I’m not a big fan of Adirondack Chairs, but I really liked the way this seller had positioned them out front like this.
Kitchens are often the cleanest, neatest place in a shoot. Not always. And generally everything is neat and clean, but everyone seems to go the distance on their kitchen, probably because we all know that’s where we all wind up hanging out when entertaining.
This may be a recurring theme here: getting people into the modern age. For cohorts and customers alike.
If you haven’t updated your picture since the year started with ’19,’ it might be time.
There are a number of real estate agents I’ve met after seeing only their online profile and thought, “Um…WTF?!?” I literally had one walk right up to me at the photoshoot and I thought it must be the seller because I’d never seen this person before.
One I overheard tell someone that she’d been in the business for almost 30 years and I then realized when her headshot was taken — her hair is a different color, she now wears glasses, she’s about 30 pounds lighter…. And don’t for a minute think it’s just women — one male agent I work for has significantly less hair than in his online picture. One no longer has the facial hair that’s in his profile photo.
I mentioned this phenomenon to another agent I work for a lot and she said that she updates her picture every 2-3 years. She knows a good portrait photographer and schedules a shoot right after she gets a haircut and has someone do her make-up. She then updates her business cards and website accordingly. Smart move.
Digital photography makes this easy. So you may have to throw out half a box of business cards.
I’ve never been one for wetting down the concrete — I always think it looks like some major plumbing issue has occurred — but sometimes Mother Nature insists….
I believe that every real estate agent has a threshold price point in mind: anything over that number and they’ll use a professional photographer; anything under it and they’re using their cell phone.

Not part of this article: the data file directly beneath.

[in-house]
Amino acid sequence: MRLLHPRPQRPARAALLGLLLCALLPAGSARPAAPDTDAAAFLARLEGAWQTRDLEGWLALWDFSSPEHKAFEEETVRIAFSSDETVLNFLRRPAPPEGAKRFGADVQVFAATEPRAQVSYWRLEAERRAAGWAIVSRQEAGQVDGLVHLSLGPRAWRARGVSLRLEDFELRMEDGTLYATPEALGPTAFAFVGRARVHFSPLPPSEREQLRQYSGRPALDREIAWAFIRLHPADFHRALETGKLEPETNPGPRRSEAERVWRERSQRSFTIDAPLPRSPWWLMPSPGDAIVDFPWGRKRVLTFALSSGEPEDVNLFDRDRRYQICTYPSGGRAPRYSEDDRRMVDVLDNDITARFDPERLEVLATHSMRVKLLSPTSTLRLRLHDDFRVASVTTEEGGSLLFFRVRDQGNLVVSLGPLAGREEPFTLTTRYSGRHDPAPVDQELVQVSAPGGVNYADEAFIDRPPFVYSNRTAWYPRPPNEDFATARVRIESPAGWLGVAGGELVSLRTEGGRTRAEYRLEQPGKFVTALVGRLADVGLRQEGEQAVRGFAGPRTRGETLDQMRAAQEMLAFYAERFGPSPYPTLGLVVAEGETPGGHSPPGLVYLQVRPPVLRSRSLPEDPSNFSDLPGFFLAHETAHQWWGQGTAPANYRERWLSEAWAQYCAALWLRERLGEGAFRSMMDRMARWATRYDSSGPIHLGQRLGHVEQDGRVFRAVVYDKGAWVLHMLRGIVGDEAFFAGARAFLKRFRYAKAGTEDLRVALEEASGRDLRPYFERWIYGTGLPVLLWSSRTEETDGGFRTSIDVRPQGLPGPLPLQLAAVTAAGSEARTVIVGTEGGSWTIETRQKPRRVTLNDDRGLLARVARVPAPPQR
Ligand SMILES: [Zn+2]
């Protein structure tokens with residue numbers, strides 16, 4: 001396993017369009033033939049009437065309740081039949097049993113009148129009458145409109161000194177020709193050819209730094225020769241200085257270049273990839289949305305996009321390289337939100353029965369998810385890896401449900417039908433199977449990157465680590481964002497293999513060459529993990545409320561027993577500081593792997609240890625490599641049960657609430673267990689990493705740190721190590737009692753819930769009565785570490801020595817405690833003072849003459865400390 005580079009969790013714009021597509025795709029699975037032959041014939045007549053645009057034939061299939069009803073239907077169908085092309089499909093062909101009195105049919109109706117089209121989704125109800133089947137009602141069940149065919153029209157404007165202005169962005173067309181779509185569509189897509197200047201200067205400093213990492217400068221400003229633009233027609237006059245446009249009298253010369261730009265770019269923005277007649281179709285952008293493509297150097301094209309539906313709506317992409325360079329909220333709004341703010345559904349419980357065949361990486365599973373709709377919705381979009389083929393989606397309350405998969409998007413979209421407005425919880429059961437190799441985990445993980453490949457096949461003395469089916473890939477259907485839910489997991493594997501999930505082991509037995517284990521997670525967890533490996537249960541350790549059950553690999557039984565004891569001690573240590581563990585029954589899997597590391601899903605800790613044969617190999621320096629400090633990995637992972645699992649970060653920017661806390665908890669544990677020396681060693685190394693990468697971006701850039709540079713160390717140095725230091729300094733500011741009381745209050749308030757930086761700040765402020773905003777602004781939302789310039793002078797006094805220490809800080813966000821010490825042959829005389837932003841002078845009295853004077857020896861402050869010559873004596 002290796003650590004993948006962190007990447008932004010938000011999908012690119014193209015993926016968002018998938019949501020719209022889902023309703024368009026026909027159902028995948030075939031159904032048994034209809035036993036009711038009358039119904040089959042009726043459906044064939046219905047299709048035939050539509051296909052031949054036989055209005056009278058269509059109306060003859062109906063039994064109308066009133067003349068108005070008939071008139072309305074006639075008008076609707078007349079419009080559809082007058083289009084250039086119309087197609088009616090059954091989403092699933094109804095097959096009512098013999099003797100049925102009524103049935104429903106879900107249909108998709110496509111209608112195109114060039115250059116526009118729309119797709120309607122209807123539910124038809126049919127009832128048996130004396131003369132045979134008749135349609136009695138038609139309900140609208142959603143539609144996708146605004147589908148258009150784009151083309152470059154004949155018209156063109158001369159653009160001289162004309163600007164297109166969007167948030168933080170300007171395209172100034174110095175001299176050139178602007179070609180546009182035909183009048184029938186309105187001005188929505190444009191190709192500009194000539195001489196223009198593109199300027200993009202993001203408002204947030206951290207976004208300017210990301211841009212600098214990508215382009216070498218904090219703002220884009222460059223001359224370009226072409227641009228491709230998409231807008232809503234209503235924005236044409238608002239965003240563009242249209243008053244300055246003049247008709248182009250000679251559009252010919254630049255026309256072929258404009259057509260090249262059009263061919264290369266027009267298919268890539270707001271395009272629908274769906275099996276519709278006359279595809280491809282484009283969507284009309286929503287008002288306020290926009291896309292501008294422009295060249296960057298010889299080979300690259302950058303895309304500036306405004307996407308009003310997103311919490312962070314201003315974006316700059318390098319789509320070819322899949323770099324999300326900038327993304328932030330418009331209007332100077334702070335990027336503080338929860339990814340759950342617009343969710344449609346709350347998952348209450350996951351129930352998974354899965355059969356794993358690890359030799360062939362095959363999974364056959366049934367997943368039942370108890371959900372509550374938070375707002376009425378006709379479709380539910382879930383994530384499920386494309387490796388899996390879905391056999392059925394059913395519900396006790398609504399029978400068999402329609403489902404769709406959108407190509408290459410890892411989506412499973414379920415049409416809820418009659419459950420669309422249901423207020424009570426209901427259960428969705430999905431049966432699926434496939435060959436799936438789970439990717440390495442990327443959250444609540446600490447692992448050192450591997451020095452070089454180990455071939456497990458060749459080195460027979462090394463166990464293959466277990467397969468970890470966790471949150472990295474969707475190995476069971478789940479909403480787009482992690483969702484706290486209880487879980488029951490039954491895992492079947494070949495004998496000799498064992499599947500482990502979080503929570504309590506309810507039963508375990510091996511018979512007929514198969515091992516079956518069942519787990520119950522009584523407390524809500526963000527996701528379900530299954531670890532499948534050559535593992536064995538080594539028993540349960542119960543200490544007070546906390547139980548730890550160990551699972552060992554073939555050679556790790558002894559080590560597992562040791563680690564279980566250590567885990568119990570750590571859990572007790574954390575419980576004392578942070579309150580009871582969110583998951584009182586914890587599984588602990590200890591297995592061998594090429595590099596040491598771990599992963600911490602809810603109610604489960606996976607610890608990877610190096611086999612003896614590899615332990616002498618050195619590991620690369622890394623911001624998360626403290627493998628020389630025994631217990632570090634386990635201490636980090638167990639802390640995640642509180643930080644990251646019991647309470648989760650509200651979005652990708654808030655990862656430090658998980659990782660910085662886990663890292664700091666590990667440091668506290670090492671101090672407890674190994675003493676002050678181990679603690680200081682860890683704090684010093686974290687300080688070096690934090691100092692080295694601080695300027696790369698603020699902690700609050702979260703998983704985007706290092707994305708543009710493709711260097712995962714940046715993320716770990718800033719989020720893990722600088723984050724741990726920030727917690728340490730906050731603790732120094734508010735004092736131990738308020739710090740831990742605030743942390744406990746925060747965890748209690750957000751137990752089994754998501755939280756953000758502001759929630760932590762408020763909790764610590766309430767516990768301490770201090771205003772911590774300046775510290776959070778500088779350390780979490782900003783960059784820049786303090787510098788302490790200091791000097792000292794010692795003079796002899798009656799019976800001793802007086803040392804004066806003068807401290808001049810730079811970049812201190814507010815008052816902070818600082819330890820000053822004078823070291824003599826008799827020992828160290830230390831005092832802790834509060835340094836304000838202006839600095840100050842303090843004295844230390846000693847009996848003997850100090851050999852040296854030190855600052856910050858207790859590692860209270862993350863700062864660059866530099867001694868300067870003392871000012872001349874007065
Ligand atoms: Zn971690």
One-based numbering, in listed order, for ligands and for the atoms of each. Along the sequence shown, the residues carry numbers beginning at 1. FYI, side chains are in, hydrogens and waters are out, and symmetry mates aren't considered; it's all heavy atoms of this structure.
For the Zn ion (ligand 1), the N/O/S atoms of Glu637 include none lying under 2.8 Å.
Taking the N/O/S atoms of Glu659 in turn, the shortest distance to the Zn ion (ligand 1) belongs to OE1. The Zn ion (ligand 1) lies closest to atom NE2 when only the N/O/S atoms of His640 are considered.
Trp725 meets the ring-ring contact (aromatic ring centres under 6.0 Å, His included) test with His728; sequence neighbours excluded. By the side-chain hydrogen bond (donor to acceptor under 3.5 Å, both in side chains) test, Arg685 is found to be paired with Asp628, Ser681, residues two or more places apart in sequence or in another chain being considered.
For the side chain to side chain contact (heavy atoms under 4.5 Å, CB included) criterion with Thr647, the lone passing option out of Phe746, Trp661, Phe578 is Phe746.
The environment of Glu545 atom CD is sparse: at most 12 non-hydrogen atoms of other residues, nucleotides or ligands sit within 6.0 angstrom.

For some the number is $0 — I’ve got any number of clients who call me whether it’s an $800,000, 5br, 4ba home on 5 acres or whether it’s an 800 sq.ft. 1-bedroom condo.
In my mind these $0-threshold agents are the ones who “get it” — professional photos market both the property and themselves well no matter what kind of property. And the fact that they often call me 20-30 times a year to do photography tells me their strategy is working and they’re getting more listings.
I’ve had agents tell me to my face that their number is $350,000. And they call me for more expensive listings but not when they’re marketing and selling a $200,000 condo. Oddly enough, they don’t get very many listings that, in their mind, deserve professional photography…perhaps because sellers look at their listings and don’t want their home to get cell phone camera treatment.
And then there are some agents for whom the number is $1,000,000,000 — they’re never going to call a professional photographer no matter what. They don’t see the need.
I often hear other photographers bemoaning the fact that someone isn’t using a professional on a high-end listing. Or an above-average listing even. Those agents are in that Billion-Dollar-Threshold category and nothing will convince them. You can show them data and articles all you want but it won’t make a bit of difference.
The ranks of the $0-threshold agents are growing, and the latter are fading away as they get fewer and fewer deals. I think there will always be some of the middle group, but I think their price-threshold is getting lower and lower if they want to succeed.
Laundry rooms don’t get near enough attention.